Copyright 2002 American Medical Association. All Rights Reserved.
Applicable FARS/DFARS Restrictions Apply to Government Use.2002
THE LYRICAL beauty of Renaissance art is intimately intertwined with the artist Botticelli, and our modern sensibility is still informed by his conception of beauty. Sandro Botticelli, né Alessandro di Mariano Filipepi (circa 1445-1510), flourished in Florence, Italy, his entire life except for 1 year's sojourn to Rome on a papal commission to complete his Sistine frescoes. Contemporary sources revealed little of Botticelli's life to us, and most of our knowledge of his attitudes and ideas may be gleaned only from his masterpieces. Although he achieved remarkable renown as a Florentine master and flowered under the patronage of the Medici, Botticelli's antiquated style fell into disfavor at the blossoming of the High Renaissance. His reputation lay in obscurity for several centuries until a 19th-century revival awakened interest in his works.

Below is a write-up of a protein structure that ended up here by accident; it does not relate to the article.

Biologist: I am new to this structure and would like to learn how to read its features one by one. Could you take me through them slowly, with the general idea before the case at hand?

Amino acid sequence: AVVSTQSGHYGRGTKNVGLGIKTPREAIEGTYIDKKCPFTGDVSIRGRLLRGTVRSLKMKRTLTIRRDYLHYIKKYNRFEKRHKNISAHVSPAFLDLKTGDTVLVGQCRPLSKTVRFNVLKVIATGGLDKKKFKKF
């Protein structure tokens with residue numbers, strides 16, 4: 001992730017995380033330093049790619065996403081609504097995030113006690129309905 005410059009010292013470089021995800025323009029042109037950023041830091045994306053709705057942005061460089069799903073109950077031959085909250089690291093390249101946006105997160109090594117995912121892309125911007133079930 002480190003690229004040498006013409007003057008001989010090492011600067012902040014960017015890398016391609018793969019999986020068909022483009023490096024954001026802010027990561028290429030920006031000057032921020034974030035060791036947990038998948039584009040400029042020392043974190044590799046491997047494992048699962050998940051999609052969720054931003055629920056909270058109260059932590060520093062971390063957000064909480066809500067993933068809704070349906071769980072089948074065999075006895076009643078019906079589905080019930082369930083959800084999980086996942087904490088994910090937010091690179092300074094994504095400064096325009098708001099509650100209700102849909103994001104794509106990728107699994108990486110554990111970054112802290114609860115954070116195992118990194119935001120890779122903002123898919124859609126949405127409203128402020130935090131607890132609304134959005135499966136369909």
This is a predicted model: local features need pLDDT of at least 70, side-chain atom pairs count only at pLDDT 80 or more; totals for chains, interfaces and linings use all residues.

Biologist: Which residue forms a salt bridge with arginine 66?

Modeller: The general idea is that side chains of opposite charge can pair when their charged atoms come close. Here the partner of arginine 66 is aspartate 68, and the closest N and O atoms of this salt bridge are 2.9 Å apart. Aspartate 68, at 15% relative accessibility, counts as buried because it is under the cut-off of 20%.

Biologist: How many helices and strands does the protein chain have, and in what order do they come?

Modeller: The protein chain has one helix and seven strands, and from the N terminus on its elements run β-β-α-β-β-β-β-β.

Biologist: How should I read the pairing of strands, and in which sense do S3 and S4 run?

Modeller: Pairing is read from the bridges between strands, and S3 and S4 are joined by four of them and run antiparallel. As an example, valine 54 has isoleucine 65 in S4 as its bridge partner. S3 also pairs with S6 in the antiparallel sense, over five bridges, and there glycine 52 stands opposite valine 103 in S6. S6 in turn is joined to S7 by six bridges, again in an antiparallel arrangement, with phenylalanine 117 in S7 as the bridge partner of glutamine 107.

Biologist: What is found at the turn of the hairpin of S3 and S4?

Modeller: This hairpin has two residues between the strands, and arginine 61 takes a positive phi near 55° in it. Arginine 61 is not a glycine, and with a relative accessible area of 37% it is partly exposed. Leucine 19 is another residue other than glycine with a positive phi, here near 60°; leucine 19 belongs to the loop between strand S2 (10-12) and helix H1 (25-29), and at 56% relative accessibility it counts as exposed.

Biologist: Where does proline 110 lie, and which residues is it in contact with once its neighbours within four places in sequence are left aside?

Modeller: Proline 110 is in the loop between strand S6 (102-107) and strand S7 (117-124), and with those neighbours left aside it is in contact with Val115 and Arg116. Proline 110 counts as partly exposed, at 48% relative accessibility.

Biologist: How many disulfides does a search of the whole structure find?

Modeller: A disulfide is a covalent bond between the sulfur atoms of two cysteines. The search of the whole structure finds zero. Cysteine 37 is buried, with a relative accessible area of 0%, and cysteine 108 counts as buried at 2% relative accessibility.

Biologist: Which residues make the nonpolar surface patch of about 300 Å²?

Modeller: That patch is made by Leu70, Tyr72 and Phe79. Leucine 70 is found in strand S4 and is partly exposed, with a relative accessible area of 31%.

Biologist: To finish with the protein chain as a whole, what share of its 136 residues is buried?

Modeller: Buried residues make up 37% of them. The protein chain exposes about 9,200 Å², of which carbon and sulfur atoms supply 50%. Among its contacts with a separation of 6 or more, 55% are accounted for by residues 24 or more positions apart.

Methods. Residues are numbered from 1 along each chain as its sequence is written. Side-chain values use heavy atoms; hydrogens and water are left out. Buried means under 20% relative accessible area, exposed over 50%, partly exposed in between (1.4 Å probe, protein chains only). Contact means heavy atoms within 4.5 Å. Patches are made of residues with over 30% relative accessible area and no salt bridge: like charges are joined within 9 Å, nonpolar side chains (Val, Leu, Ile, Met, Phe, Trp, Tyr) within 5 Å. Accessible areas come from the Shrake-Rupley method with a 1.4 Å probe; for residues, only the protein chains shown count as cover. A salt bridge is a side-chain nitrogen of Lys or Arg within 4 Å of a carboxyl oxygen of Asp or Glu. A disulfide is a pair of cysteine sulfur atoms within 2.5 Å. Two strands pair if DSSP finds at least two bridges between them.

Lam SM. Sandro Botticelli: Primavera: Myth and Beauty. Arch Facial Plast Surg. 2002;4(4):288–cover3. doi:
Customize your JAMA Network experience by selecting one or more topics from the list below.
Create a personal account or sign in to: